Newly-ennobled Labour peer Shami Chakrabarti chooses to send her son to a selective fee-paying school and the air is immediately scented with confected media outrage at this alleged 'hypocrisy.'
It isn't. She has never voiced any public criticism of private education to be hypocritical about, and the fact that fee-paying exists is a distraction to far bigger questions about how we ensure a decent education for most children.
The new prime minister, Theresa May, has made allowing new grammar schools a signature policy. It may even dissuade more parents from paying the fees demanded by private schools. But the difficulty with grammars is that it won't be parents doing the choosing.
This is a problem. Selection generally works well for anyone selected, less satisfactorily for those left behind, which was one of the reasons grammar schools began to be phased out in 1965.
Mrs May hopes to combat this by obliging any new ones to build a 'high quality, non-selective free school' as well. There will also be obligations on private schools keen to keep their much-cherished, if curiously earned, charitable status to mentor state schools. But it is hard not to be apprehensive.
It can also be hard to get a grip of what is at stake. The debate about selective state schools is always one shot through with instinctive prejudices. Although Margaret Thatcher once described them as "a unique and irreplaceable educational ladder for the bright children of poor parents," grammars declined most on her watch as Education Secretary.
The discussion about their value will be fraught as it ever was: Between those who see grammars as bastions of good behaviour and high education standards, and those who see them as divisive and another way for the middle classes to manipulate their way into an excellent, free state service denied to others.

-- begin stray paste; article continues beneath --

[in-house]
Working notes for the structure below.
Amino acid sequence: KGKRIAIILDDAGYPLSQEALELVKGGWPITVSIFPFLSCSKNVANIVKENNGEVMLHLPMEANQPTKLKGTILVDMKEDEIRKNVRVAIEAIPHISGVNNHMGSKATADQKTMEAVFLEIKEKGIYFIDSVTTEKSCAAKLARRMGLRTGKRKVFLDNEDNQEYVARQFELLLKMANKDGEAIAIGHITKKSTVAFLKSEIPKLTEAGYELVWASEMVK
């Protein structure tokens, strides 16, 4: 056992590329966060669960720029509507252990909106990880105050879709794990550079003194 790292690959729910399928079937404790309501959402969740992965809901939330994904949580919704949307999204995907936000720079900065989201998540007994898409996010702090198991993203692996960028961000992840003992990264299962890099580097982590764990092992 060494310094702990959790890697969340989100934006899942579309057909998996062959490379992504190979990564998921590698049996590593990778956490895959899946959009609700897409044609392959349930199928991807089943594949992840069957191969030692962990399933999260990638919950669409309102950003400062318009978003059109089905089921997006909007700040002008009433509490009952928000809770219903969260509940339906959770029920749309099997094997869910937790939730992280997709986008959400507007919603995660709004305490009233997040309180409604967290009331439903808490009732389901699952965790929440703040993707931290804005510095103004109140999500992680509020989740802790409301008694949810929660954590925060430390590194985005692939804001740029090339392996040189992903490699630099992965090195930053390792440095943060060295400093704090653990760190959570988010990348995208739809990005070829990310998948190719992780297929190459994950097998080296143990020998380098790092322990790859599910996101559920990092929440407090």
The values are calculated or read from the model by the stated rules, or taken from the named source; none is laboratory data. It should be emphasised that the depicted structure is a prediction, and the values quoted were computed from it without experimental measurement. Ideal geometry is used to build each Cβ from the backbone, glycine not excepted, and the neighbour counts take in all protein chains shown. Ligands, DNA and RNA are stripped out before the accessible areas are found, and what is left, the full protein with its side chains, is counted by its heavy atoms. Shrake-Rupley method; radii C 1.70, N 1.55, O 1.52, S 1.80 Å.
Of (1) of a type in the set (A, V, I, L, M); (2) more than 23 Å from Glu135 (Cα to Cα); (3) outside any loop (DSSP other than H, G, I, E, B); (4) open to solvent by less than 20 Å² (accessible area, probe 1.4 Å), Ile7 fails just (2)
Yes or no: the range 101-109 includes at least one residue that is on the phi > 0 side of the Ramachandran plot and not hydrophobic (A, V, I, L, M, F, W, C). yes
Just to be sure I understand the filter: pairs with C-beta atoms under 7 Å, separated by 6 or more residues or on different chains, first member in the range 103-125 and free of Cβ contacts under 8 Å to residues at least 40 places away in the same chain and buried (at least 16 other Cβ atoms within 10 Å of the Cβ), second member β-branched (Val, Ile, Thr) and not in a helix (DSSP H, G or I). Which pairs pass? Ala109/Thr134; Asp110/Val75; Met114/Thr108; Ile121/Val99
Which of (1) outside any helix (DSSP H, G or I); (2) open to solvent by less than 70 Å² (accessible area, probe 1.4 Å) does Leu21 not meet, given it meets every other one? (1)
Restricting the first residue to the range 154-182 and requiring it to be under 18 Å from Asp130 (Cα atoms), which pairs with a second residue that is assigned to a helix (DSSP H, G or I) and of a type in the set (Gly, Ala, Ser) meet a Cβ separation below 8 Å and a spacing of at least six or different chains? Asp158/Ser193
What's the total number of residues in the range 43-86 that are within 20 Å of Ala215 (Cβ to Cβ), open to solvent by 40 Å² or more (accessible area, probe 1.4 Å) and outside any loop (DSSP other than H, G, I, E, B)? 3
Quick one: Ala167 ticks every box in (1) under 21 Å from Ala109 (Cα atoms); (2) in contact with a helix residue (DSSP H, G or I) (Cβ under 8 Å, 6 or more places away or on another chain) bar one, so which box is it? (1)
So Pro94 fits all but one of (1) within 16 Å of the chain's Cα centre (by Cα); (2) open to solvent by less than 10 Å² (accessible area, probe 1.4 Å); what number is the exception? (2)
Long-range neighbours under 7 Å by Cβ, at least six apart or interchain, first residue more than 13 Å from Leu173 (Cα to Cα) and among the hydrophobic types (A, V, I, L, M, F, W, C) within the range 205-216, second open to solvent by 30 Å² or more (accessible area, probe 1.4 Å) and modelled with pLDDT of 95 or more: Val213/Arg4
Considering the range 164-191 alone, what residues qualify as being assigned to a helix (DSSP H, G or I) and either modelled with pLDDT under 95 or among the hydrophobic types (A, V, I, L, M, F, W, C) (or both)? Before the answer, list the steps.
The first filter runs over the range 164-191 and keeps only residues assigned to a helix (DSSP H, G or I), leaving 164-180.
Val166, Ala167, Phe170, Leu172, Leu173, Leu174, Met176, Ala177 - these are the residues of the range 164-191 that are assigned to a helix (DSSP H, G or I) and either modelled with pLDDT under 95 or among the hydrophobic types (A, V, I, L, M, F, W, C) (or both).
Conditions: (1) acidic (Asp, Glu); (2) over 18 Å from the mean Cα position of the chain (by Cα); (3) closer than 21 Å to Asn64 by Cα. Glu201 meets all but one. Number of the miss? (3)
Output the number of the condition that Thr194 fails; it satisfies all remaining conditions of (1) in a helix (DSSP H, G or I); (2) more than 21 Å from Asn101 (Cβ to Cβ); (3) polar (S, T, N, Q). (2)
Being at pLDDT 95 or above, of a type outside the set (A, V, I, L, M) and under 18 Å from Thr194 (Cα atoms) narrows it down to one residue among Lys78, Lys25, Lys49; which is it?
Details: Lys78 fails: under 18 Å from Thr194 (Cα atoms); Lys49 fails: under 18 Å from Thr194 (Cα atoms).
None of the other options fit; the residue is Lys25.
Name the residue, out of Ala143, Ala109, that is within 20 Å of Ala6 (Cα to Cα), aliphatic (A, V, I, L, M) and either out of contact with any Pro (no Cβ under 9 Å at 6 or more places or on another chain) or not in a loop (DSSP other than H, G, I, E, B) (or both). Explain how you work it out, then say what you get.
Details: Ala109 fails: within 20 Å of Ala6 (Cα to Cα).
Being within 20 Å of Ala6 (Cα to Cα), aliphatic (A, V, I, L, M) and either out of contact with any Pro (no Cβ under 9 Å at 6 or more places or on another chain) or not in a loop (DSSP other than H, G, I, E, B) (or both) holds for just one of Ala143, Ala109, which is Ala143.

The truth may be somewhere between these two positions. It is certainly reasonable to start with the assumption that what they were and what they have become is different, as Mrs May has noticed.
They do provide, generally, all that they ever did in terms of experiences and high academic standards. But they do so to an ever shrinking pool; and are lifted and enabled by those lucky enough to live nearby, often in areas where the poor have been edited out by rising house prices that may themselves be a consequence of the school.
It is certainly quite striking that only 2.6 per cent of grammar school pupils are eligible for free school meals, compared with 14.9 per cent across secondary education as a whole.
But there is also no denying that grammar schools are widely supported, and this cannot be ignored. Politicians need to listen to their electorate, especially to people outside of London who may not feel included in evidence of rising education standards.
For example, Hampshire has a population of 1.32 million and 13 secondary schools classified as 'outstanding' by the schools' regulator. The central London borough of Westminster, by contrast, has a population of just 226,000, but eight 'outstanding' secondaries. It is just no good telling the rest of the country that standards in the state system are rising if they aren't much where they live.
But we must hold the Prime Minister to her promise of no return to that past when grammars creamed off the best pupils and staff, leaving an underperforming rump for everyone else.
There is also a less politically-charged alternative staring Government in the face. We now have free schools and academies managing to raise standards without resorting to academic selection.
These might be a better model. They offer academic streaming on a subject-by-subject basis, but without creaming off the most intelligent pupils into separate institutions. It would avoid denying both the highly able and their peers the wide and rich social benefits that come from integrating people from different backgrounds and uniting them around common hopes, expectations and opportunities.
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